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Old 03-07-2023, 02:28 PM  
Hamster Overlord
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Join Date: Jun 2019
Location: London
Posts: 763
Default Re: "Bioactive" Enclosure

I think bioactive enclosuees for hamsters probably only really work in a very large, well-ventilated enclosure which possibly also has some kind of drainage system where the humidity and moisture levels can be kept in balance. Hamsters are much better suited to a drier environment than a humid and even our homes may be slightly more humid than is ideal for them. I think in this kind of enclosure, safe live plants could work but I'm wary of them in smaller enclosure (apart from perhaps small potted plants in a safe substrate) due to the amount of moisture and light needed.

Soil isn't inherently unsafe for hamsters. Wild hamsters live in soil, after all. The problem is that commercially bought soils may be treated with things that aren't ideal for hamsters to be living and in also that there's a risk of them carrying bacteria which pet hamsters with their likely less well-exercised immune system (compared to a wild hamster which lives in an environment with lots of bacteria) may not be able to cope with.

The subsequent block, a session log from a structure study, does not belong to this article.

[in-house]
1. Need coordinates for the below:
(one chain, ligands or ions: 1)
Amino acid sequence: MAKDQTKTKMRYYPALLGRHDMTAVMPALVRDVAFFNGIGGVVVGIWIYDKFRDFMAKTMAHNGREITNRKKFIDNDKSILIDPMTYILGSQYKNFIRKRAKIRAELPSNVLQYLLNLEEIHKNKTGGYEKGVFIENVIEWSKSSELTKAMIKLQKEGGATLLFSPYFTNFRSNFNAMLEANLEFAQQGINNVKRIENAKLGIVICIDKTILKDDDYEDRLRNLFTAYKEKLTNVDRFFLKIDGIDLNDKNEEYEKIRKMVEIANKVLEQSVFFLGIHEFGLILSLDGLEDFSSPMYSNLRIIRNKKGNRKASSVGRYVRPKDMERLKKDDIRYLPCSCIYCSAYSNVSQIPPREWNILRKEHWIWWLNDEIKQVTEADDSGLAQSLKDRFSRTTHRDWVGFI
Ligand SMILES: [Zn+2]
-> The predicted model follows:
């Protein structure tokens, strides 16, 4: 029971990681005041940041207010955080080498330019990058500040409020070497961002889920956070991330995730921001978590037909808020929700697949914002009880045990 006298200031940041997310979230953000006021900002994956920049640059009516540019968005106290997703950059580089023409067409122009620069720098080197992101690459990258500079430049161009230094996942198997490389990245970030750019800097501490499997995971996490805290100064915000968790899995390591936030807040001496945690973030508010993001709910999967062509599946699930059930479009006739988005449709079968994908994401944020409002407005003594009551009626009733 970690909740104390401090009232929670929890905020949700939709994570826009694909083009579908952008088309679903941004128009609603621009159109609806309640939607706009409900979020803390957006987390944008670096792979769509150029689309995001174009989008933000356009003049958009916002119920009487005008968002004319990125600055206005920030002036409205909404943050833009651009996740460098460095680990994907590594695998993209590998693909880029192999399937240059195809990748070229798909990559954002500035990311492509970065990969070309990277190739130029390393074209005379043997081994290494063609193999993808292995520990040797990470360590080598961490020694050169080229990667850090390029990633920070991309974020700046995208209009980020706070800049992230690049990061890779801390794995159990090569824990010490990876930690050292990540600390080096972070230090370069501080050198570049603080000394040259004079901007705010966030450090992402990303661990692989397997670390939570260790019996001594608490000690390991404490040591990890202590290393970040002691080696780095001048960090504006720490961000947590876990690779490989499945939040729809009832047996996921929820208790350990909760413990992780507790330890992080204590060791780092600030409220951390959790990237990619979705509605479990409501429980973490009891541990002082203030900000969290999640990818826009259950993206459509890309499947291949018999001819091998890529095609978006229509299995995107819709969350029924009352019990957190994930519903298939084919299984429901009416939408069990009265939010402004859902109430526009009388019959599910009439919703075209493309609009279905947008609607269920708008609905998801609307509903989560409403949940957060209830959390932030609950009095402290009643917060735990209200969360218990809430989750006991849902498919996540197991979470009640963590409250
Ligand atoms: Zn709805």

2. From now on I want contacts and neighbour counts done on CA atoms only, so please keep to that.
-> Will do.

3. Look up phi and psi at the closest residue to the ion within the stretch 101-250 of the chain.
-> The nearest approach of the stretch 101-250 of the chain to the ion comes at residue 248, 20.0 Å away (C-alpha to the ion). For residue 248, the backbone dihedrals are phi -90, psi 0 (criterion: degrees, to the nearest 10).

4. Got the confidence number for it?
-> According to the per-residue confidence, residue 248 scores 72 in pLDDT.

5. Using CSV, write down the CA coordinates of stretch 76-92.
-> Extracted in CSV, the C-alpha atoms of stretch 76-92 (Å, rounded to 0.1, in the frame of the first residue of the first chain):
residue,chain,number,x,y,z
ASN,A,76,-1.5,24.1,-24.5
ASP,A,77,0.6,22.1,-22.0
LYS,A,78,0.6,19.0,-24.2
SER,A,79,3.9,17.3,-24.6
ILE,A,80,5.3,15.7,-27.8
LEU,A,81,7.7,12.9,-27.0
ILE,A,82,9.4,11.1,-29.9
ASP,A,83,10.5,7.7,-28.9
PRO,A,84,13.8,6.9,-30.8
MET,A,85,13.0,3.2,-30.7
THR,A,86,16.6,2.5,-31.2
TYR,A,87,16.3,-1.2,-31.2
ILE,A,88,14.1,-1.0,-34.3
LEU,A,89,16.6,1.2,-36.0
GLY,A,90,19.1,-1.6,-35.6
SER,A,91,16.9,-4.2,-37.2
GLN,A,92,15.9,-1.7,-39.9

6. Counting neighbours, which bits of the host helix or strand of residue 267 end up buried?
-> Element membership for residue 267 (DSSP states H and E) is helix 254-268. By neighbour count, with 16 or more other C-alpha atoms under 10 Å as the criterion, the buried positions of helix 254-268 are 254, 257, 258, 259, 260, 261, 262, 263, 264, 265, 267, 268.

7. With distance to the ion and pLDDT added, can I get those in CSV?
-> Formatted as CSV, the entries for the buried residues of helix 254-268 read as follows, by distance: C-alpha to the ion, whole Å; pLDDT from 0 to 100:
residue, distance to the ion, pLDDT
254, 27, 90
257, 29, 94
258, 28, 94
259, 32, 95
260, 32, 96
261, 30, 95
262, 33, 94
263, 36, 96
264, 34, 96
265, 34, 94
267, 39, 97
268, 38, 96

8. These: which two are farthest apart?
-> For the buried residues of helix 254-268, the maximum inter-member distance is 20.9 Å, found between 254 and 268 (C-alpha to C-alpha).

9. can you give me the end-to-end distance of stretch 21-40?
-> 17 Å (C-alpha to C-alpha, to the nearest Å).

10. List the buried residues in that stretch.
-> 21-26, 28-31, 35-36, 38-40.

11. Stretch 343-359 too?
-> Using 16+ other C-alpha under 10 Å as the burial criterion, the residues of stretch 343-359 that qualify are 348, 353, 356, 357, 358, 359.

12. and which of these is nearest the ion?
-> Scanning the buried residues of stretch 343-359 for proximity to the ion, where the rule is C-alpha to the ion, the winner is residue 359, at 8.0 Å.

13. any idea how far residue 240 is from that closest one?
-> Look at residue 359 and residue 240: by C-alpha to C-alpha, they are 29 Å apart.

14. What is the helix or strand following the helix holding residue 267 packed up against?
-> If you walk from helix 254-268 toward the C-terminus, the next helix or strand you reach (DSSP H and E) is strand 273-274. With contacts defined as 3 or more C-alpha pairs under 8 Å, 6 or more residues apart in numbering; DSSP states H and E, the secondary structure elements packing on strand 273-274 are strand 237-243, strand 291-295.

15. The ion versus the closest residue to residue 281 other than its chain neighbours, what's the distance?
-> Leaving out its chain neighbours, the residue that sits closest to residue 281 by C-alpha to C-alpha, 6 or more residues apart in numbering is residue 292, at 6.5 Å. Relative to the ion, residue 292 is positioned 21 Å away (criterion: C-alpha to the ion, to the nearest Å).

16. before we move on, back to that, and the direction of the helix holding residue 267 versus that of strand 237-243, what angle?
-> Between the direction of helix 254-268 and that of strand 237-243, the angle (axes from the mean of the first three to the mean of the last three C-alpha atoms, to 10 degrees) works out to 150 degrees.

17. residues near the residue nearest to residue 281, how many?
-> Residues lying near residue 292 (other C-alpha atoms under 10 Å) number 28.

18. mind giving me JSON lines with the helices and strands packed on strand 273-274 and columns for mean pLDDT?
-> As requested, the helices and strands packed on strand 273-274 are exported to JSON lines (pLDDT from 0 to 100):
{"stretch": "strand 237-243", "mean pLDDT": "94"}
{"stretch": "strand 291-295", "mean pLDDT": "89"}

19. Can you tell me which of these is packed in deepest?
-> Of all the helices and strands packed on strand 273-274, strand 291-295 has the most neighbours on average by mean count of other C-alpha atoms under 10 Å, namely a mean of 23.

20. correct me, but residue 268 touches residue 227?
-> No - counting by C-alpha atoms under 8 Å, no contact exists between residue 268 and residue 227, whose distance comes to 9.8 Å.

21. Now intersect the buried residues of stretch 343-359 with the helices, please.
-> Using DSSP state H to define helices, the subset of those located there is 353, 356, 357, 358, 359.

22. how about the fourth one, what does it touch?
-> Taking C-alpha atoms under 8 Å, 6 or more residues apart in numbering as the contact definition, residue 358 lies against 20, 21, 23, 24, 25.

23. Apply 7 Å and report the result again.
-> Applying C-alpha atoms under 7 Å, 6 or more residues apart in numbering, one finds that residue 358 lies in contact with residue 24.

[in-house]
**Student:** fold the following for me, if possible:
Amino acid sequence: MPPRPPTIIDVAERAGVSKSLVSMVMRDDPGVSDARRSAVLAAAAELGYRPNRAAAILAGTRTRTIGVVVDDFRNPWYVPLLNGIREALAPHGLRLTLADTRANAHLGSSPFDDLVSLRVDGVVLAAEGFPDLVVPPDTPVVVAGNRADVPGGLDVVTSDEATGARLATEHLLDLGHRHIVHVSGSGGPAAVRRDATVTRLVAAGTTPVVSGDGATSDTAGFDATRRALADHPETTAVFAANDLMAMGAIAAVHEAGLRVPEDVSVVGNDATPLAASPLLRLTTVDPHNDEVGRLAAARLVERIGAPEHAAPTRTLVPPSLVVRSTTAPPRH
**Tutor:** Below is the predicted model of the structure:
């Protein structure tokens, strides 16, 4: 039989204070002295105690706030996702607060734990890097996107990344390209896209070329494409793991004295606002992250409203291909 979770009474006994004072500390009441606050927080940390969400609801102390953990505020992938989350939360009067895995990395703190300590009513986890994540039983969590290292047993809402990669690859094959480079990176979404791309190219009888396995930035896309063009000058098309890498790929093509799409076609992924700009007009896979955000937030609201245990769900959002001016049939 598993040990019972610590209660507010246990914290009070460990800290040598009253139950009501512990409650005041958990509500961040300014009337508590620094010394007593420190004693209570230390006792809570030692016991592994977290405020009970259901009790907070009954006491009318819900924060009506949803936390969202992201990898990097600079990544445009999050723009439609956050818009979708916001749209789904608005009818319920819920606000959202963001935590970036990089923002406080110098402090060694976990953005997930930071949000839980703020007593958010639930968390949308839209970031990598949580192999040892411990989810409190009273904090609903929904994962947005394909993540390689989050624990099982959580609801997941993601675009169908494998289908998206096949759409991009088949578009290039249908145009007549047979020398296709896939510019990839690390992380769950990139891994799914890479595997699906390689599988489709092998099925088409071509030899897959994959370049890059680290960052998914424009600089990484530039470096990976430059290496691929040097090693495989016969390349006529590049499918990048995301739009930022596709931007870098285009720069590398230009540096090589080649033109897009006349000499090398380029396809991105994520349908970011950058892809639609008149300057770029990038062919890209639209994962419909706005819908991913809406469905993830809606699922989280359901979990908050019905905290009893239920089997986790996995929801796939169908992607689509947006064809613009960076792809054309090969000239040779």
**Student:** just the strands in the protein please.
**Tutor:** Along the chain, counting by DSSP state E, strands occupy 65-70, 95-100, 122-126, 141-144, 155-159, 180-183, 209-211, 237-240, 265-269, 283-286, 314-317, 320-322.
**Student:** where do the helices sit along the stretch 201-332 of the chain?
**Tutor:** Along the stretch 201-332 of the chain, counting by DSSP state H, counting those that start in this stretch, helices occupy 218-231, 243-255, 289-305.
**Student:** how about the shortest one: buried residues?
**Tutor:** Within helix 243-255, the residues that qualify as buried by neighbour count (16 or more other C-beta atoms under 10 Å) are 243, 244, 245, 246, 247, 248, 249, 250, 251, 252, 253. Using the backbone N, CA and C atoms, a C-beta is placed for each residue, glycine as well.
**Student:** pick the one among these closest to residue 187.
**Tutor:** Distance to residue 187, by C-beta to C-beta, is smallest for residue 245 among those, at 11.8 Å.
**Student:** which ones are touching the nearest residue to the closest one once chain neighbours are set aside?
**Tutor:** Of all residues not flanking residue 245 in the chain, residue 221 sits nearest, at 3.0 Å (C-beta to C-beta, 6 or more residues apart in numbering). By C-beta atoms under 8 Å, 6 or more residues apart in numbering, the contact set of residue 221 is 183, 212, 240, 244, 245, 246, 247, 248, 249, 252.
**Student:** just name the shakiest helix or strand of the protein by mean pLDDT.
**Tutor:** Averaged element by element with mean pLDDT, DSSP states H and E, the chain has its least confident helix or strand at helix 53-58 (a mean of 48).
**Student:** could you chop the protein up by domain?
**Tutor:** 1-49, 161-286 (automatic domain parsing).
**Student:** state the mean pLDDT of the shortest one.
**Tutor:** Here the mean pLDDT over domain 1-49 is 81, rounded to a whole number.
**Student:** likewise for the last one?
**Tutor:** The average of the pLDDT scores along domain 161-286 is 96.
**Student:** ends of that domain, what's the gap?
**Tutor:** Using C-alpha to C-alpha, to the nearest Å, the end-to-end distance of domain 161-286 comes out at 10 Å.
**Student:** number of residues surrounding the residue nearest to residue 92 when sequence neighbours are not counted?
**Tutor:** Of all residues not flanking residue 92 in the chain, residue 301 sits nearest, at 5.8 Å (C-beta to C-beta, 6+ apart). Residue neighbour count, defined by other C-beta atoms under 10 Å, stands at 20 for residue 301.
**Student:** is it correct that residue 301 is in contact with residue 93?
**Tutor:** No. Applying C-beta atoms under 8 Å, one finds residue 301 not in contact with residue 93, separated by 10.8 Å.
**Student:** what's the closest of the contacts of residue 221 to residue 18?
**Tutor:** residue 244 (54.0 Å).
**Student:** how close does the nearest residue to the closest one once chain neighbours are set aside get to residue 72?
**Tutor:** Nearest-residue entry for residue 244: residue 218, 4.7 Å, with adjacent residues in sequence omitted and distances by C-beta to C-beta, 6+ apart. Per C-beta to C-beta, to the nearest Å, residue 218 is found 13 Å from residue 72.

When it comes to things like hay, I think here it's beneficial to move away from viewing things as simply safe or unsafe and consider safety as a spectrum from the most safe things with the fewest risks to the least safe things with the most risks and possibly also the fewest benefits. Looking at safety in this way allows for more nuanced discussions where people can have different opinions without anybody necessarily being wrong. In my experience the simplistic view of just safe vs unsafe tends to lead to quite unproductive discussions and also a huge amount of misinformation (I have seen people genuinely claim that hay is poisonous to hamsters, probably they came across an unnuanced discussion online where it was said to be unsafe). Hay, like almost everything, has a small risk associated with it (the risk of eye damage), and also some benefits. It's possible to minimise the risk and maximise the relative benefit by choosing softer hays. Personally I choose to use hay but some people prefer to avoid it. On the other hand, I don't like using egg boxes in enclosures because I worry about bacteria from the outside of the egg, whereas lots of people do use egg boxes and I've yet to hear of a hamster getting sick from one. It would be a boring world if we all did things the same way and had the same opinions.

I also use clay sands because I find they have various benefits over quartz sands or play sand and my own research hasn't yet turned up anything alarming with regard to confirmed risk but I know some people prefer not to use them.
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